Biogen Updates Prescribing Label of Controversial Alzheimer’s Drug
The saga continues for Biogen’s Alzheimer’s drug Aduhelm as the U.S. Food and Drug Administration (FDA) approved an updated label that emphasizes the disease stages for which the drug was approved.
The label highlights that Aduhelm, formerly known as aducanumab, should only be provided to patients with mild cognitive impairment or mild dementia stage of disease. The updated label notes that there are no safety or effectiveness data on initiating treatment at earlier or later stages of the disease than were studied, Biogen said.
Alfred Sandrock, Jr., head of Research and Development at Biogen, said the company submitted the label update to the FDA with a goal of clarifying the patient population included in clinical studies that supported the regulatory agency’s approval. Sandrock said the updates were based on ongoing conversations with prescribing physicians, patient advocates and the FDA.
“We are committed to continue to listen to the community’s needs as clinical practice adapts to this important, first-in-class treatment option,” Sandrock said in a statement.
Aduhelm was approved by the FDA in June under accelerated approval. The approval was highly controversial due to an overwhelming rejection of the medication by the agency’s advisory committee. Since the approval, at least three members of that committee have resigned in protest. Public Citizen, a watchdog group, has called for additional resignations at the FDA, including acting Commissioner Janet Woodcock due to what it said is a lack of clinical data supporting approval. A U.S. House of Representatives committee is also planning to investigate the approval process, as well as the pricing of the drug, which has a list price of $56,000 per year.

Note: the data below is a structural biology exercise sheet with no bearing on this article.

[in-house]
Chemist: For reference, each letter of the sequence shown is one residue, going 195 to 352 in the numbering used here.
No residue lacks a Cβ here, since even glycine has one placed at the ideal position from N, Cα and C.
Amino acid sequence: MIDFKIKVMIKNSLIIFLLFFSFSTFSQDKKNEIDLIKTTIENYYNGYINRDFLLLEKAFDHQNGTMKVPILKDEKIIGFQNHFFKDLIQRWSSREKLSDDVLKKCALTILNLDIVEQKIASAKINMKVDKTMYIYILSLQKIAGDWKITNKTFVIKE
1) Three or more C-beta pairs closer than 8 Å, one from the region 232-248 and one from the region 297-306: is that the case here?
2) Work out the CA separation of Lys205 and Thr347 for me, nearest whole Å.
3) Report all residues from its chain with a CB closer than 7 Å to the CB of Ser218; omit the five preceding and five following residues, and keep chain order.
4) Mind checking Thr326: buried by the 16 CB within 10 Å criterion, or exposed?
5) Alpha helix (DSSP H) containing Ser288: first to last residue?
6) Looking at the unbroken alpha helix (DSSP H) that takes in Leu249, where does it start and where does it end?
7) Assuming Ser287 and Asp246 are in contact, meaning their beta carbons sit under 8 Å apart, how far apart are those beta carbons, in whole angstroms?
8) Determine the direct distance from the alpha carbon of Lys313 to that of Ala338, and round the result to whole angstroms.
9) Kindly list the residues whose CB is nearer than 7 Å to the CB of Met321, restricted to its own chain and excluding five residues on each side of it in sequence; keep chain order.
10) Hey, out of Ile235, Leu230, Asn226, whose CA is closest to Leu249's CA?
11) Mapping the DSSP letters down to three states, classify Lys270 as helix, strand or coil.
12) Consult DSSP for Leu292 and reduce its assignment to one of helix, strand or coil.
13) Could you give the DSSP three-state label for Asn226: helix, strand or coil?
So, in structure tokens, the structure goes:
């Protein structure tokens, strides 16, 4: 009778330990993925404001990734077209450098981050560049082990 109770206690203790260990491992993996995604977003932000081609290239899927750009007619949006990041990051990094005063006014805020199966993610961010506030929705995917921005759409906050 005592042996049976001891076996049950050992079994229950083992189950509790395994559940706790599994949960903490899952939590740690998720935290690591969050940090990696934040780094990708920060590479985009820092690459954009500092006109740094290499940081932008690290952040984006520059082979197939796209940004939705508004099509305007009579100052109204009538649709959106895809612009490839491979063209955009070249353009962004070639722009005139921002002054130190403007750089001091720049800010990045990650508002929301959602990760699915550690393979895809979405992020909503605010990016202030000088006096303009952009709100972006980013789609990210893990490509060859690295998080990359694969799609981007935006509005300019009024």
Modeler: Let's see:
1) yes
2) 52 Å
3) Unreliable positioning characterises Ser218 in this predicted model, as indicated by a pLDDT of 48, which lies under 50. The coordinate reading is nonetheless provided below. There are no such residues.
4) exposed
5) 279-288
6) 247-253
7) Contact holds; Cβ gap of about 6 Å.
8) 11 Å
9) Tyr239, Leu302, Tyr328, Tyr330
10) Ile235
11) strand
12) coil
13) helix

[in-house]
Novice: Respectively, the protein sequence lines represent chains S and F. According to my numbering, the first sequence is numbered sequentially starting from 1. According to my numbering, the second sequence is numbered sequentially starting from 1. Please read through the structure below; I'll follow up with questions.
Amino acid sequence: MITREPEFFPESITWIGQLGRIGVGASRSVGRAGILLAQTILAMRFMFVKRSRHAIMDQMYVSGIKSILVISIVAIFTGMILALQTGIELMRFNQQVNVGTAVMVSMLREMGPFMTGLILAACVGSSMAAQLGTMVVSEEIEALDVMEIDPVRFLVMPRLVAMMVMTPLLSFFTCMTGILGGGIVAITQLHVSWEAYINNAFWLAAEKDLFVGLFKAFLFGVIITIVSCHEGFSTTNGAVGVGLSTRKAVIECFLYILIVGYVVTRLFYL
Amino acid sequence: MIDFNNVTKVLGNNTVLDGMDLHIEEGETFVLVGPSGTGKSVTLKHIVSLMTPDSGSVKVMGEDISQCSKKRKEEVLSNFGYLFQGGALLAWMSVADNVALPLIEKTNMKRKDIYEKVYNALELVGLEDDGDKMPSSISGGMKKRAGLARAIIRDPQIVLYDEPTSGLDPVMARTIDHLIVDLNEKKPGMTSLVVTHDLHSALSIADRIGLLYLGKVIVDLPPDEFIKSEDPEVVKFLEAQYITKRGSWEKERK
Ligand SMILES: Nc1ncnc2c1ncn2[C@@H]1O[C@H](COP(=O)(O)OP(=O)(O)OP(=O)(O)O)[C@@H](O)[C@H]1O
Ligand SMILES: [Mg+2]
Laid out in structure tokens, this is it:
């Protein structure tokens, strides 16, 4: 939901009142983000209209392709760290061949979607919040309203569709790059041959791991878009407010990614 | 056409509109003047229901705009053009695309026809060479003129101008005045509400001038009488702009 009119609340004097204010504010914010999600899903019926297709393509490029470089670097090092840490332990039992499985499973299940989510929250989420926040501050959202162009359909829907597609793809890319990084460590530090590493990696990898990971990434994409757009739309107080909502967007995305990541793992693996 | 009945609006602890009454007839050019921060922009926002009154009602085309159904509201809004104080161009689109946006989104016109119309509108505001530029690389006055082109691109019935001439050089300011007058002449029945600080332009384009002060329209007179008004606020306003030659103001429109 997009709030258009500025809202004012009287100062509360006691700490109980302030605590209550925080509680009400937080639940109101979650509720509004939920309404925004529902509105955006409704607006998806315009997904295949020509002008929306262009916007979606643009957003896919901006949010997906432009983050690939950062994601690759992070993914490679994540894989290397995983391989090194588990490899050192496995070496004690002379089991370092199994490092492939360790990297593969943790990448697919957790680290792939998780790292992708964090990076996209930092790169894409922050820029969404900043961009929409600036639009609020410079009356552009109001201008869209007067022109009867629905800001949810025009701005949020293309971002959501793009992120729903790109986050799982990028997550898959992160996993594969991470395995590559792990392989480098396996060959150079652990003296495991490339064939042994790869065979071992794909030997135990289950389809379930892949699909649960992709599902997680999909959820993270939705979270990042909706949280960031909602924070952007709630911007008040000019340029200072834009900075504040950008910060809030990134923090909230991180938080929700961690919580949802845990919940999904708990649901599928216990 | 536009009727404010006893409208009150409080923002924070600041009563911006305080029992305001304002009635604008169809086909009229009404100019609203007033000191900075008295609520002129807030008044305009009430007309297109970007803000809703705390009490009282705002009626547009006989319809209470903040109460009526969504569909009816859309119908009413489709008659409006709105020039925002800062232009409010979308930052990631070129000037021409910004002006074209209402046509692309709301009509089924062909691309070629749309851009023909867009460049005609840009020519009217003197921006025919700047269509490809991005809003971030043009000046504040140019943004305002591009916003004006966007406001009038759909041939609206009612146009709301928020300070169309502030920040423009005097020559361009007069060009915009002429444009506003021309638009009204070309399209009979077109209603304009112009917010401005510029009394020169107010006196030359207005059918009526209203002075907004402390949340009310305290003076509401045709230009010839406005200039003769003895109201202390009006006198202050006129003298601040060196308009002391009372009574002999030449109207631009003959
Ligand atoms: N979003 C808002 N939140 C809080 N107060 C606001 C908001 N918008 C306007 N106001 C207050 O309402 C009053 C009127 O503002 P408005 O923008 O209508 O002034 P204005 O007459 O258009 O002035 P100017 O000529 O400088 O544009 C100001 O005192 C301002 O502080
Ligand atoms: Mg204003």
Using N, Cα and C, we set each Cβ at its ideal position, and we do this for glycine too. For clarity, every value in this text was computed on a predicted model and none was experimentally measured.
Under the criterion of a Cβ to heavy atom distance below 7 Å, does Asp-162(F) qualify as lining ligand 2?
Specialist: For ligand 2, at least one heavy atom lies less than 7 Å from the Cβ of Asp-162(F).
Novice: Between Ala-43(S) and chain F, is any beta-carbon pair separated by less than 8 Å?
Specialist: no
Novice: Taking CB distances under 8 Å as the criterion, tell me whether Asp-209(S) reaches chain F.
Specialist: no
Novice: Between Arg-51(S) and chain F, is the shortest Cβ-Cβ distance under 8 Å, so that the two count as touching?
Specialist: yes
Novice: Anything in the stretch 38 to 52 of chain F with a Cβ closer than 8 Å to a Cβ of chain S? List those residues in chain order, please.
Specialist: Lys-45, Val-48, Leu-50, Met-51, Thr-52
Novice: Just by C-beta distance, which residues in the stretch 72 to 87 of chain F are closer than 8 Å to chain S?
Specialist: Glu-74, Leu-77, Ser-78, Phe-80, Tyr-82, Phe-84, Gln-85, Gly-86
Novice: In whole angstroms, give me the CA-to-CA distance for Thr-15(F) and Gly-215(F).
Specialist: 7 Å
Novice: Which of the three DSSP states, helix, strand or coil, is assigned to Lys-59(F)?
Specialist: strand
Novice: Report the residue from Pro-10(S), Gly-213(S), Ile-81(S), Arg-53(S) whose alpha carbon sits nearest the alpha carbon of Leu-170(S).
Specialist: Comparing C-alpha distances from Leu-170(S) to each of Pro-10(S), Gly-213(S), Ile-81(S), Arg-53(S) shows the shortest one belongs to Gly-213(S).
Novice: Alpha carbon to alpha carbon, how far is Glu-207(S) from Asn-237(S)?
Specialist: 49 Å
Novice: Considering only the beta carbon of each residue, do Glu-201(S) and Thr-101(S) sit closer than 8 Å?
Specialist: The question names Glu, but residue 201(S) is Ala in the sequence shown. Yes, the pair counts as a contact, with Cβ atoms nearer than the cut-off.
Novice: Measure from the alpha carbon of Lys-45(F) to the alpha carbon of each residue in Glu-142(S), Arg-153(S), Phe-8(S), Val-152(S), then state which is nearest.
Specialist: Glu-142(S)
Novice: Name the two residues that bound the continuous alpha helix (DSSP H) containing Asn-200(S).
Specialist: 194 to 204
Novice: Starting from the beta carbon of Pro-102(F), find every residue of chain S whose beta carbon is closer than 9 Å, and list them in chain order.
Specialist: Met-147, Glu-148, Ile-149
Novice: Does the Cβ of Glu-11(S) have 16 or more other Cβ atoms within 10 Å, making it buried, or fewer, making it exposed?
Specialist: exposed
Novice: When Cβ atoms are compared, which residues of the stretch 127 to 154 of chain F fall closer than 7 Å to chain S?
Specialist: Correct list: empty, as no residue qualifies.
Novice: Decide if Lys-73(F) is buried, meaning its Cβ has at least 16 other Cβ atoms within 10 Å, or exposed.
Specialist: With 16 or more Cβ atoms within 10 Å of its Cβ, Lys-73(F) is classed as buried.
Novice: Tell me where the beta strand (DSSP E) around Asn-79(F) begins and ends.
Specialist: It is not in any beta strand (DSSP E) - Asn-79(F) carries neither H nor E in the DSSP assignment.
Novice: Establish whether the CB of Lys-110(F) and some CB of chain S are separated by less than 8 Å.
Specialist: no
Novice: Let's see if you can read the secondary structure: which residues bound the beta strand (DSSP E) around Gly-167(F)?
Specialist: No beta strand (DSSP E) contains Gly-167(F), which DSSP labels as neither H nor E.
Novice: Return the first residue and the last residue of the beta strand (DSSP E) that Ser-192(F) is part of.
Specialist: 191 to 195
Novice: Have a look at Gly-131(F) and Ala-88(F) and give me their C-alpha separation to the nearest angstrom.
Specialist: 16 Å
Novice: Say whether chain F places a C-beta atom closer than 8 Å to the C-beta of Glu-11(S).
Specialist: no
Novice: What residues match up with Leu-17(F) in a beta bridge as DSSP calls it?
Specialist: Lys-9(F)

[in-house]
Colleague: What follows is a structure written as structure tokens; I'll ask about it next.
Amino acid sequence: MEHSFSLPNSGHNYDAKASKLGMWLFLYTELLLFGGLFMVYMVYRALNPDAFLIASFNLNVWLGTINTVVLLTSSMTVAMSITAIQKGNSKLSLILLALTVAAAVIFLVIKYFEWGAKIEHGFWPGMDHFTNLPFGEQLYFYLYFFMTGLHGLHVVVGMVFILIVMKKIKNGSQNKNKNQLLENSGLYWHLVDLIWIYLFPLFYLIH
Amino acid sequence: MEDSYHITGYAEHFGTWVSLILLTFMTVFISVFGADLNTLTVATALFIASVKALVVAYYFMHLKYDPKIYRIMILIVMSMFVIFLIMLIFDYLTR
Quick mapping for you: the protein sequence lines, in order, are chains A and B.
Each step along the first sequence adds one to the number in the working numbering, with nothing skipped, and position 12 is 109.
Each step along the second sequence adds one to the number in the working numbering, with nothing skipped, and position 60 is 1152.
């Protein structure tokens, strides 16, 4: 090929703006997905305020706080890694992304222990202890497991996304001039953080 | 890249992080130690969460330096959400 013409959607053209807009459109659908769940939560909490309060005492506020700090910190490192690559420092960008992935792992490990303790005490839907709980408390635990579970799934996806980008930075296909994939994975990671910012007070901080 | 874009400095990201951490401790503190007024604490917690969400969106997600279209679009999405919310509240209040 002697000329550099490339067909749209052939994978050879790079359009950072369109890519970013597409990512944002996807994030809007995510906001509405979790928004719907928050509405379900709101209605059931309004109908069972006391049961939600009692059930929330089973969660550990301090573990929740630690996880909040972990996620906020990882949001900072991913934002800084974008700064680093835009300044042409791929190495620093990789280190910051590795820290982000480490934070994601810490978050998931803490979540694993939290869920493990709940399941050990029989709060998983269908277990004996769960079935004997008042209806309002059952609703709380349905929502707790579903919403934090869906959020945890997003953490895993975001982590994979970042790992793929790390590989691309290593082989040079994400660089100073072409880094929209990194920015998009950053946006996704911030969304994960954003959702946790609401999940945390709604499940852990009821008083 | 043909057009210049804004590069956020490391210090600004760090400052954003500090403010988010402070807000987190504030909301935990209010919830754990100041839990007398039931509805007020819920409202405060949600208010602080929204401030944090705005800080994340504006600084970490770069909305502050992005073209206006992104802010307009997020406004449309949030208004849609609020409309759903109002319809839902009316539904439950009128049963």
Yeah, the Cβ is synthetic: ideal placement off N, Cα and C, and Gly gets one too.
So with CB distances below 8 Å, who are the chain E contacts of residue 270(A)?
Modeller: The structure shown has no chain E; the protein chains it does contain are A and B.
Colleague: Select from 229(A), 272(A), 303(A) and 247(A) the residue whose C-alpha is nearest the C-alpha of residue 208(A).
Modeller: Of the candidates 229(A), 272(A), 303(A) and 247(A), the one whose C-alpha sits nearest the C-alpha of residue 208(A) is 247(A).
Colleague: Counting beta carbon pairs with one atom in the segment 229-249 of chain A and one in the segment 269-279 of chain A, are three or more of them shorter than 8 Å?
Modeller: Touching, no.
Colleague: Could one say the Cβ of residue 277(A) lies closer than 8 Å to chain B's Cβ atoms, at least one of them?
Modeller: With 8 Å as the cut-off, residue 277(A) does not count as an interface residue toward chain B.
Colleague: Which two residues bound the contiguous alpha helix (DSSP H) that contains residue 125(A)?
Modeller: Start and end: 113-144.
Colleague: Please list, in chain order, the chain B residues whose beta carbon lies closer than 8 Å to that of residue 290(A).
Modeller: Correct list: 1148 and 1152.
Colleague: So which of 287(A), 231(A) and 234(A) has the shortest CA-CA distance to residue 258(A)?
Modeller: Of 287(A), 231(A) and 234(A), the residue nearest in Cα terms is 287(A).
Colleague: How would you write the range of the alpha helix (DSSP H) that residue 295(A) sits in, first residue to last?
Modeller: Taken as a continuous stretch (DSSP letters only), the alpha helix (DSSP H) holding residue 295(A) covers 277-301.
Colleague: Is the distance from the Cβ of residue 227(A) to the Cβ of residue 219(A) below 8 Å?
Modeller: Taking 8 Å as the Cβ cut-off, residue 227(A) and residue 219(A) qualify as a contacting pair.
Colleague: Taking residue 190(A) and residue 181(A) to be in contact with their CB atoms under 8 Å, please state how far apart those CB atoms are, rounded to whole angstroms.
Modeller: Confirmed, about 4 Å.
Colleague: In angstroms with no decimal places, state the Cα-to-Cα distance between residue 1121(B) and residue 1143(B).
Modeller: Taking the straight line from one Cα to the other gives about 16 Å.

When the FDA approved the drug last month, Dr. Patrizia Cavazzoni, Director of the FDA Center for Drug Evaluation and Research, said Aduhelm is the first treatment directed at the underlying pathophysiology of Alzheimer’s disease, which is the presence of amyloid beta plaques in the brain.
“The clinical trials for Aduhelm were the first to show that a reduction in these plaques—a hallmark finding in the brain of patients with Alzheimer’s—is expected to lead to a reduction in the clinical decline of this devastating form of dementia,” Cavazzoni wrote in a public announcement.
Cavazzoni did note the controversy surrounding the data and ultimate approval of Aduhelm. She said the FDA opted to use the Accelerated Approval pathway, which could allow the agency to demand further clinical data supporting efficacy of the drug. The agency is expected to continue to review real world use of Aduhelm and the FDA is requiring Biogen to conduct a post-approval clinical trial to verify the drug’s clinical benefit.